It is becoming something of a cliche here to say the mood at this year’s Davos is so depressing that it is feeding the recession, rather than building a consensus on how we escape from our predicament. CEOs who arrived a little anxious about their prospects are now very worried. Those who arrived worried are now deeply depressed. Those who arrived depressed may not go home at all.
I began to wonder if this Spenglerian gloom was a financial sector phenomenon. Two invitations to talk to the automotive sector, and the Tourism and Travel group, gave me an opportunity to test that hypothesis. Sadly, it quickly folded.The petrol heads were not a happy bunch. Demand has collapsed more quickly than they have ever seen. Plants are closed or on short time, all around the globe. Credit is unavailable, for the manufacturers or their customers. Public equity raising is out of the question. Private equity firms do not return their calls. So governments are the only sources of finance. But the conditions of help are difficult to satisfy. Politicians and taxpayers do not want to see any leakage of funds outside the country, yet these are highly integrated global businesses. How does one guarantee that finance is only supporting local jobs? What sense does it make to support assembly line workers, if the supply chain elsewhere is disrupted through lack of cash?
These problems reflect a more general concern that we are beginning to see a new form of protectionism emerging, in both the financial and industrial sectors. all politicians say that there is no chance of a return to the 1930s. Messrs Smoot and Hawley have still not seen their reputations refurbished. But the support packages being agreed for banks and car companies are constructed to support local jobs, with little regard for the knock-ons elsewhere. The drivers of globalisation are engaging reverse gear.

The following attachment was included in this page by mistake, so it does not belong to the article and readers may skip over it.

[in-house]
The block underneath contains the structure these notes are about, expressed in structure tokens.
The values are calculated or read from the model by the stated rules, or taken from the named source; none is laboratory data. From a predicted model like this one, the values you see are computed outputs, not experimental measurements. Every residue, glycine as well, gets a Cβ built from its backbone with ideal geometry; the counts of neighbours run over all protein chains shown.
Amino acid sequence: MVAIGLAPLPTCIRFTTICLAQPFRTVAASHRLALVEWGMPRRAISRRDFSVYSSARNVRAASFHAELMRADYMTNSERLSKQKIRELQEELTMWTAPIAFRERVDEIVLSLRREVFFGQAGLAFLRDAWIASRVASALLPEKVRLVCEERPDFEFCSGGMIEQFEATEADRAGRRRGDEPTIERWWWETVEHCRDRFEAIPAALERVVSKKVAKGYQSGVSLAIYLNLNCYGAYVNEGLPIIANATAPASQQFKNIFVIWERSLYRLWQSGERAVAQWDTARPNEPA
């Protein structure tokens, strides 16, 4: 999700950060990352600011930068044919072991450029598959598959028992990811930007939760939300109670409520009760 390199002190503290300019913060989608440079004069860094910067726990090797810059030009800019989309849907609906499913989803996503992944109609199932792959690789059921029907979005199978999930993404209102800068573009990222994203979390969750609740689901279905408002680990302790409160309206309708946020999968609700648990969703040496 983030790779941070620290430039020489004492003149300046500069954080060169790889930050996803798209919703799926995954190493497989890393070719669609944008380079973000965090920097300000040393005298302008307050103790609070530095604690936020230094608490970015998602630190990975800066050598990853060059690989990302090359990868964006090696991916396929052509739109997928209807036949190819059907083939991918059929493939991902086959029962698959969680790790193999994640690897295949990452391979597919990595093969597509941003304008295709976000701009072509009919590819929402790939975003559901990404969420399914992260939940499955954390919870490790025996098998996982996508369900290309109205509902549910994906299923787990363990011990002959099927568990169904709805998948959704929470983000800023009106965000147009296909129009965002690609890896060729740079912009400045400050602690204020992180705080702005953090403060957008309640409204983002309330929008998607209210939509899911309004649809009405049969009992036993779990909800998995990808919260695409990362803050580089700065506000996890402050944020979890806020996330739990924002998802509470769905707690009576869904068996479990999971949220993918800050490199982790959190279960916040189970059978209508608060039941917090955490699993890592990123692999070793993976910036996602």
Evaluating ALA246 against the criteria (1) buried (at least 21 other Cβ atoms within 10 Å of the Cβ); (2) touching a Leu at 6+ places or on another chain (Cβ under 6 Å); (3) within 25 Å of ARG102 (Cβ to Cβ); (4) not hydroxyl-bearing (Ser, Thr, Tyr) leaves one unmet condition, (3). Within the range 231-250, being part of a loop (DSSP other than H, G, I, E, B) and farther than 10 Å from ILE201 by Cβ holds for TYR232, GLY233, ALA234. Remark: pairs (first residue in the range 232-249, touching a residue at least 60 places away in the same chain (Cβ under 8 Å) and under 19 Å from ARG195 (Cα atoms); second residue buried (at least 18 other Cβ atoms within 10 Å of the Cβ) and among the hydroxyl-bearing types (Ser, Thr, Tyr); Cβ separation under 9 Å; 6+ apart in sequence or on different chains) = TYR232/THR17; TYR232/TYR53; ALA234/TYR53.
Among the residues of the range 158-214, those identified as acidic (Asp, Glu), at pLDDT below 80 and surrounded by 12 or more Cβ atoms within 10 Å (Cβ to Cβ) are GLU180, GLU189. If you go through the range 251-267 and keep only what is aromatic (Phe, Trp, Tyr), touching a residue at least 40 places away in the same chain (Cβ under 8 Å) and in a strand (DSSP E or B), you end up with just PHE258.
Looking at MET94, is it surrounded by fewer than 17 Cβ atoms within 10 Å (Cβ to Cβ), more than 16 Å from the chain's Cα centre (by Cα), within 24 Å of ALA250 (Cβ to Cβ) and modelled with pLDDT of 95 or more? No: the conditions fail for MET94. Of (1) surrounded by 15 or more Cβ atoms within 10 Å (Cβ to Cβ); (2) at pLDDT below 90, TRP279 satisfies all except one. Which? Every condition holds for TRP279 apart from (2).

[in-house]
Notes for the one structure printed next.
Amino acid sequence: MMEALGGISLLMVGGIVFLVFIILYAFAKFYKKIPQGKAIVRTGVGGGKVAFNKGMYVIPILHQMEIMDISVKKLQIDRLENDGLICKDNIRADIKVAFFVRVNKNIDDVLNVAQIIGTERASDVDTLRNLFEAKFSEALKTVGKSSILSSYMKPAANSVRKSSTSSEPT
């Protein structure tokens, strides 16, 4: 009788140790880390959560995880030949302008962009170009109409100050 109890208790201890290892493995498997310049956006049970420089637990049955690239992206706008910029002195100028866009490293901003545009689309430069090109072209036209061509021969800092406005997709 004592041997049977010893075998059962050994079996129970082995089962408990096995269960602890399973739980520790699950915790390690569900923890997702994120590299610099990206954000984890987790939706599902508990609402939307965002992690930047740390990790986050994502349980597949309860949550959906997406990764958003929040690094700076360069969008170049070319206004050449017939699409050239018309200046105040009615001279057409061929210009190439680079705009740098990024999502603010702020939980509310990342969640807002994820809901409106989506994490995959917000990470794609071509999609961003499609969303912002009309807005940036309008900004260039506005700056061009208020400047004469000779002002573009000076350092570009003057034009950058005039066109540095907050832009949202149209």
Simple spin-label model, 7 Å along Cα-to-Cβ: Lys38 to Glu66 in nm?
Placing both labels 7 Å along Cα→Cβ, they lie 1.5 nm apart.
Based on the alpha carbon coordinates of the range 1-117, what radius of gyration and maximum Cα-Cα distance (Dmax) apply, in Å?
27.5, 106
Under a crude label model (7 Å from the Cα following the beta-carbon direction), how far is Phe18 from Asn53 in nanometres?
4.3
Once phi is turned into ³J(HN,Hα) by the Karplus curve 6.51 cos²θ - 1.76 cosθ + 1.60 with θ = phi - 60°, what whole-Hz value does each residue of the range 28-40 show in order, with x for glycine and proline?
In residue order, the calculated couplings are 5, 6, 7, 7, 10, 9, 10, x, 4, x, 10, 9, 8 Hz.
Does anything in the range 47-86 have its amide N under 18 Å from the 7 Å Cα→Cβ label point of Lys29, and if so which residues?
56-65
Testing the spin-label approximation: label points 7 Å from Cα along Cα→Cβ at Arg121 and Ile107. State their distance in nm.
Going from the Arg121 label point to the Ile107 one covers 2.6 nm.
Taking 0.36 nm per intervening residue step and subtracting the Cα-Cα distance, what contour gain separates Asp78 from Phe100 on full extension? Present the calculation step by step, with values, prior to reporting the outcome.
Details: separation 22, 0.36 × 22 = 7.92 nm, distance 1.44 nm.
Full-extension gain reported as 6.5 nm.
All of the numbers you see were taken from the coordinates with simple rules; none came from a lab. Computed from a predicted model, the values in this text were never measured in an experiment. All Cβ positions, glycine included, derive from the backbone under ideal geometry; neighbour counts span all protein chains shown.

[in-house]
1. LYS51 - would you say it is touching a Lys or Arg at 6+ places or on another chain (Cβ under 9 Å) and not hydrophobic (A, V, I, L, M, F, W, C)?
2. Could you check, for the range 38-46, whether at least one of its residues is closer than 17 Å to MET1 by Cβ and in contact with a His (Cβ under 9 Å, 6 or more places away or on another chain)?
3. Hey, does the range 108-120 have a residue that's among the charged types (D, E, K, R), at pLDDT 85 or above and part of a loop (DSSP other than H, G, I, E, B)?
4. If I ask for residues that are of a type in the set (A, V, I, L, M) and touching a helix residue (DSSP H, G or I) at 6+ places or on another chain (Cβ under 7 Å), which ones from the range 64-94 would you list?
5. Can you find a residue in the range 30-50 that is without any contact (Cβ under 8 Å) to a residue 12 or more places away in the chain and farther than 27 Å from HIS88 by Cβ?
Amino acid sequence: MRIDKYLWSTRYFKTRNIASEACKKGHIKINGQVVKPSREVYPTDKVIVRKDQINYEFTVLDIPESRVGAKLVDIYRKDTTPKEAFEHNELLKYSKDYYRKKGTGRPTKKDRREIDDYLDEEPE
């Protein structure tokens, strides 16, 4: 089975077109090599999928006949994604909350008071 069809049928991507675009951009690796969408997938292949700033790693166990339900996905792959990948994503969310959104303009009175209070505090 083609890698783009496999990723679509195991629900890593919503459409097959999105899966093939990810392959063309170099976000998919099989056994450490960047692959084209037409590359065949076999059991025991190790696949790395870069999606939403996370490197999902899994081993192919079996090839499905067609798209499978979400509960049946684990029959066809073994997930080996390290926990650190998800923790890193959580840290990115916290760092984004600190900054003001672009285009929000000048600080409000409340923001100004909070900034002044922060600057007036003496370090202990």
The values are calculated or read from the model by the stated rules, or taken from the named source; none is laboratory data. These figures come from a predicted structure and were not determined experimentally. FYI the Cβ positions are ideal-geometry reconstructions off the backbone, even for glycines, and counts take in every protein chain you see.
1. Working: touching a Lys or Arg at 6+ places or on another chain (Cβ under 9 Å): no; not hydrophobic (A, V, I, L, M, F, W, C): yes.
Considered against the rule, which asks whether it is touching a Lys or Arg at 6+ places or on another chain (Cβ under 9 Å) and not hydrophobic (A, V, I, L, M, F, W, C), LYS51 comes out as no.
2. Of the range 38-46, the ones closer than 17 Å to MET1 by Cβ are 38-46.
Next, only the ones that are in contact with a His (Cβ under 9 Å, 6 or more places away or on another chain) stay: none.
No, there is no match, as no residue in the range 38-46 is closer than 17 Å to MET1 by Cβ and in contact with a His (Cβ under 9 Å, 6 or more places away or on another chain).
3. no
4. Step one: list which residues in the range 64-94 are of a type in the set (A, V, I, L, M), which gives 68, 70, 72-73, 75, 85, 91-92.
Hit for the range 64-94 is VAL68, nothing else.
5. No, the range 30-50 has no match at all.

And where is the environmental agenda, now that survival is the name of the game? A recent US poll put global warming 20th on the list of popular concerns. It has slipped from Aston Villa to West Brom in the rankings, in a matter of months. Though it seems to be alive and well in San Francisco. The Mayor harangued the car guys (they all are) about climate change, electric cars, and his plan to introduce 250,000 recharging points around the Bay Area, together with 150 switching stations, where a battery can be changed in less time than it takes to pump 20 gallons of gas. An inspiring vision, certainly, and delivered with genuine passion, but without an explanation of where the new investment funds might be found. His hostility to the industry, and rejection of the case for a federal bailout for the Big 3, were striking. I wanted to ask how the citrcle could be squared, but he swept off in his limo while i was lacing up my snow boots.
Any good news to be found among the airlines and the tourist folk? Well, just a little, maybe. The airlines are having a tough time in the short term. Business travel in particular is well down, in spite of the diversion of traffic from those now unusable corporate jets. The nightmare of $140 a barrel oil has receded, but the threat of a renewed spike if growth returns has focused minds on alternative energy technologies, and on green tourism of all kinds. The timing of large scale algae production is highly uncertain, but wind power is expanding at a great rate. After a diligent search i found a man from Vestas wind systems, a Danish company, whose business is expanding at a steady 30% a year, with no sign of a slow down in the recession. It’s an ill wind, as they say.
Sir Howard Davies is director of The London School of Economics and Political Science